OMAHA, Neb. (AP) - A new report suggests slow economic growth is ahead for nine Midwestern and Plains states. The survey report issued Wednesday says the overall Mid-America Business Conditions Index dropped to 51.4 in March from 57 in February. The January figure was 54.8. Creighton University economist Ernie Goss says manufacturers of nondurable goods reported that sales, production and employment have weakened over the past several months. The survey results from supply managers are compiled into a collection of indexes ranging from zero to 100. Survey organizers say any score above 50 suggests economic growth, while a score below that suggests decline. The survey covers Arkansas, Iowa, Kansas, Minnesota, Missouri, Nebraska, North Dakota, Oklahoma and South Dakota.
Monsanto Donates $4M to Effort to Save Monarch Butterflies
ST. LOUIS (AP) _ Agribusiness giant Monsanto says it will commit $4 million to help stem the decline of monarch butterflies. The St. Louis-based company says a $3.6 million donation will be made to the National Fish and Wildlife Foundation's Monarch Butterfly Conservation Fund. One-third of the money matches what a federal wildlife agency is contributing, with the remaining funds set aside to mirror what other federal agencies offer over the next three years. Monsanto also is offering $400,000 to aid experts and groups working on the butterfly's behalf. Environmentalists and scientists say the species has experienced a 90 percent decline in population. Most of the decline is blamed on habitat destruction due in part to weed killers and herbicide-resistant plants like those Monsanto and other agribusinesses offer.
2 Killed in Linn County Plane Crash
PLEASANTON, Kan. (AP) - The Kansas Highway Patrol says two Kansas City-area men were killed in a small plane crash in Linn County. The Federal Aviation Administration says the plane took off from a private airstrip, struck a tree and crashed Tuesday afternoon northwest of Pleasanton in eastern Kansas. The National Transportation Safety Board says the aircraft is a Zodiac CH601XL. The patrol identified the dead as 67-year-old Herbert Lewis Siegel of Stillwell, who was flying the plane, and 57-year-old Brian Clark Decker of Independence, Missouri. Federal authorities are investigating the crash.
Murals Showing History of Written Word Installed at Library
TOPEKA, Kan. (AP) — The history of the written word is being showcased at Topeka High School's library through four murals thanks to an anonymous graduate who commissioned the artwork. The Topeka Capital-Journal reports the paintings by Kansas artist Mark Flickinger are valued at $96,000. The murals begin with the ancient scripts, including Sumerian figures carving cuneiform and ancient Egyptians making hieroglyphics. The second panel shows medieval scribes and the transition from scribes to the printing press. The third depicts the written word through the ages of enlightenment, industry and progress in the 18th, 19th and 20th centuries. The final panel illustrates the digital age, with a girl's face illuminated by a technological device. The art will be unveiled to the public on Wednesday night.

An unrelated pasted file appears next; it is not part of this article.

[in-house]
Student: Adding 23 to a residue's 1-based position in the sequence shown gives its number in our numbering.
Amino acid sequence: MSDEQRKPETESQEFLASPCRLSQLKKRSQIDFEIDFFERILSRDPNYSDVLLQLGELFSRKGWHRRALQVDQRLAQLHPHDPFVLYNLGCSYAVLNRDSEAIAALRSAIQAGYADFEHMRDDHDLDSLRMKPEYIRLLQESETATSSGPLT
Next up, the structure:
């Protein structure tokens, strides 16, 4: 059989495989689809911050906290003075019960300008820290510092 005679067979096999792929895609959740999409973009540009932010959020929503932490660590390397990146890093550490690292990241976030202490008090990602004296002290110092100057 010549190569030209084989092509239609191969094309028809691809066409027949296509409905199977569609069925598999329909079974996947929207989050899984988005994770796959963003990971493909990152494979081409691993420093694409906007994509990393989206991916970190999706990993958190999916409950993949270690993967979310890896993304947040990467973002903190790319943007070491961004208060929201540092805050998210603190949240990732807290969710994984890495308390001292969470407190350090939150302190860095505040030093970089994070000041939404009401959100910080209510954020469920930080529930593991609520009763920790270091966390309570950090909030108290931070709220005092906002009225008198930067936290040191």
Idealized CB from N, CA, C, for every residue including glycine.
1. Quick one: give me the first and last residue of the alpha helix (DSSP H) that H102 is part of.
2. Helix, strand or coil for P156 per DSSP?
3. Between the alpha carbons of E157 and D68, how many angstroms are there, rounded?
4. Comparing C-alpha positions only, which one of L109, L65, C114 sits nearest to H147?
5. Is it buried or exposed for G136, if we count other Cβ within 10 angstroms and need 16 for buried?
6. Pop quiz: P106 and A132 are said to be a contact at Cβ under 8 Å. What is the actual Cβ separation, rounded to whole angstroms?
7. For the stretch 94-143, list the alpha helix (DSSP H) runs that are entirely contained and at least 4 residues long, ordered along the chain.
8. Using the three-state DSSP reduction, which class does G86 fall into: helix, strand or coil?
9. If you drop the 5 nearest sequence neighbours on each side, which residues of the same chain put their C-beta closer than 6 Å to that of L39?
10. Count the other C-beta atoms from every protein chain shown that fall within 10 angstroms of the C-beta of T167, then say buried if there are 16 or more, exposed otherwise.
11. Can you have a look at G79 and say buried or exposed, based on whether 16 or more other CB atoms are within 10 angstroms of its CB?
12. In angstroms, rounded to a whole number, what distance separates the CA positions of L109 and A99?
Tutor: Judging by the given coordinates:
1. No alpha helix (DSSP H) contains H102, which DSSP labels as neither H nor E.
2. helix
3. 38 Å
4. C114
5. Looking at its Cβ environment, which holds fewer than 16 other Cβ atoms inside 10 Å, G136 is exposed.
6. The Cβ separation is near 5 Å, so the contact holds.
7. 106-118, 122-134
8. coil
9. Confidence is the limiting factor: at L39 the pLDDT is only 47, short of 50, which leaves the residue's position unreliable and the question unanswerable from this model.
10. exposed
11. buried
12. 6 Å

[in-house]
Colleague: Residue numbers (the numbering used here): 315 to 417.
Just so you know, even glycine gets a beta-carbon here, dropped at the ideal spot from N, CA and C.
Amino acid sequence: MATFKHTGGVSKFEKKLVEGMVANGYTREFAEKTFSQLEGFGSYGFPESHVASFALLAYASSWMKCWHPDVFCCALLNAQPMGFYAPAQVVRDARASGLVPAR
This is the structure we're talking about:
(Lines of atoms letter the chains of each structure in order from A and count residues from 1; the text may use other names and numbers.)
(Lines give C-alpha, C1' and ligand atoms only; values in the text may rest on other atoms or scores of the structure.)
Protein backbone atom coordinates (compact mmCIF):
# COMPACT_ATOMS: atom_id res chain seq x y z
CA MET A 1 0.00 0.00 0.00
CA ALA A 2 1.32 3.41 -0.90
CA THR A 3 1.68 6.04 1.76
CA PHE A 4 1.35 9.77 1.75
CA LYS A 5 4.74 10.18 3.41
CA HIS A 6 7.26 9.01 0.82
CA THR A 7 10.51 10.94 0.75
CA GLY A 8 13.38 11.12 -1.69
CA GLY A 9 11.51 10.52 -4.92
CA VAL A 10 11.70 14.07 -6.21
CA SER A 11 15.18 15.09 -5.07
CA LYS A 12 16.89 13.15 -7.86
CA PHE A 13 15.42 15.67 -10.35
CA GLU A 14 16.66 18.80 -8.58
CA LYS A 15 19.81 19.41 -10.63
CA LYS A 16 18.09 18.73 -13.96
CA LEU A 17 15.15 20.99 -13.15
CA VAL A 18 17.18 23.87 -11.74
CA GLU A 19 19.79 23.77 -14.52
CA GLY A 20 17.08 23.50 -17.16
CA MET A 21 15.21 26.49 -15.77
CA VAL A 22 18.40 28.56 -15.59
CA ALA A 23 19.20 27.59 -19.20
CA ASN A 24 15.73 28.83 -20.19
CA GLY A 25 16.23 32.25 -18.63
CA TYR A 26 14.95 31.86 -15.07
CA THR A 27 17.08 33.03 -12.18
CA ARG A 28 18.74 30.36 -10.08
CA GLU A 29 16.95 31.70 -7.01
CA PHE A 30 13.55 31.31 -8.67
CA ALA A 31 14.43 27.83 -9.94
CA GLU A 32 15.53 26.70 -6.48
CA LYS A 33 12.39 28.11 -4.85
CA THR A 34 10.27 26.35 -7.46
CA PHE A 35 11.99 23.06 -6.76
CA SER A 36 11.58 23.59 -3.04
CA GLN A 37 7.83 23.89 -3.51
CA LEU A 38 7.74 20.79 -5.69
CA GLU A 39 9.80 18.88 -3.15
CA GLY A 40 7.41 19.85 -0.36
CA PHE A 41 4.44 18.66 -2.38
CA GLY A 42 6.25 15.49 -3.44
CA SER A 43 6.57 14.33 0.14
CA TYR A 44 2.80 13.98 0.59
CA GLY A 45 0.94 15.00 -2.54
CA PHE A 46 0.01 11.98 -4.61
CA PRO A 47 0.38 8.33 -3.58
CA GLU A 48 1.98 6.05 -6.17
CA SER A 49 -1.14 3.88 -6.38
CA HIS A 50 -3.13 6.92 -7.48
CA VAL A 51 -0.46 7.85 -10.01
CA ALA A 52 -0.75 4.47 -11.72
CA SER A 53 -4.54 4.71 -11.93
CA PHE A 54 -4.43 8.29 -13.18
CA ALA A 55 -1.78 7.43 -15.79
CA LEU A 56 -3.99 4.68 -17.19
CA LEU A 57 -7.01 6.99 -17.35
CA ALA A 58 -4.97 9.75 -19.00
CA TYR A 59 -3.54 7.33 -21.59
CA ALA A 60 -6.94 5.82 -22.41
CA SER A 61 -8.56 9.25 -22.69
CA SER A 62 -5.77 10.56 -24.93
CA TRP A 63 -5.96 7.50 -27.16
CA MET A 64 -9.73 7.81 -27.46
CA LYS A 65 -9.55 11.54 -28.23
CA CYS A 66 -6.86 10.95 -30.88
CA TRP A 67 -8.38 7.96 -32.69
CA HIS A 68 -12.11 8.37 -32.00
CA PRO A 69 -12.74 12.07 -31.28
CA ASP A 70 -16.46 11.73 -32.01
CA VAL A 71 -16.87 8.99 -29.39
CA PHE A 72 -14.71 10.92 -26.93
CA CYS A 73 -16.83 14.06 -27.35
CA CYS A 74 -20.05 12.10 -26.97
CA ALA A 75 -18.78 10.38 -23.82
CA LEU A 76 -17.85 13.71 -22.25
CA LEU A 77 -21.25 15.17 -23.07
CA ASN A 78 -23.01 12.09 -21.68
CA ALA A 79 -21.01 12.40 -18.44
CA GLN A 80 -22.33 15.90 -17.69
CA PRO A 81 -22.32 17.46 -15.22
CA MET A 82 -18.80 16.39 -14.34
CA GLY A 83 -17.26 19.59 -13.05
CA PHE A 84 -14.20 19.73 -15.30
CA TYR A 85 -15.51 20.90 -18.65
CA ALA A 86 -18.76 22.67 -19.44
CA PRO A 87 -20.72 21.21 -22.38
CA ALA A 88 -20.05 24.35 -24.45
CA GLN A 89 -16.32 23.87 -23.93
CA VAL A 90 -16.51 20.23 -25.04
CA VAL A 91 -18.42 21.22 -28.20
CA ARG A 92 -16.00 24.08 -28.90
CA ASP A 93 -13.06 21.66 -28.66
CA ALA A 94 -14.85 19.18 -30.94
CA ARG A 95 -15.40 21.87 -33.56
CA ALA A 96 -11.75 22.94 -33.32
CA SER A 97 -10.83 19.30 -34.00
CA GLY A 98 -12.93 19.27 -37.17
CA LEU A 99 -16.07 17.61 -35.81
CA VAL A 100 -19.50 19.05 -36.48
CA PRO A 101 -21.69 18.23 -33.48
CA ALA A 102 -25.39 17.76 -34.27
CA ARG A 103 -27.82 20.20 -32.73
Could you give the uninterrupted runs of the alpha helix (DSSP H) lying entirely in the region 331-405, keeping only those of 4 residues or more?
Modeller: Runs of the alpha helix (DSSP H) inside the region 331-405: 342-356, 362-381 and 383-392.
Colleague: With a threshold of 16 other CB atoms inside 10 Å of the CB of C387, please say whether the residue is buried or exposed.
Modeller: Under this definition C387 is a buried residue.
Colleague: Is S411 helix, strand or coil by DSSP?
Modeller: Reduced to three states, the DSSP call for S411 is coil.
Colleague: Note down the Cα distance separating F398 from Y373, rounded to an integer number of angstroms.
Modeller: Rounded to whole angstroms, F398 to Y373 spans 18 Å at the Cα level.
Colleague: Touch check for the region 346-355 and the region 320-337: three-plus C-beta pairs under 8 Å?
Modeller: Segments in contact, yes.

KU Freshman Kelly Oubre Jr Headed for NBA Draft
LAWRENCE, Kan. (AP) _ University of Kansas swingman Kelly Oubre Jr. announced Wednesday he is leaving for the NBA draft, skipping his final three seasons of eligibility after an up-and-down freshman year. Oubre revealed his intentions in a statement released by the school. The 6-foot-7 guard started 27 games this past season, helping the Jayhawks win their 11th straight Big 12 title. He averaged 9.3 points and five rebounds. His decision to leave for the NBA is based more on potential than productivity. Oubre often disappeared in games last season, but scouts fell in love with his athleticism, defense and touch. Oubre is expected to be among the first 20 players chosen in the June draft. KU had two of the top three picks last year in Andrew Wiggins and Joel Embiid.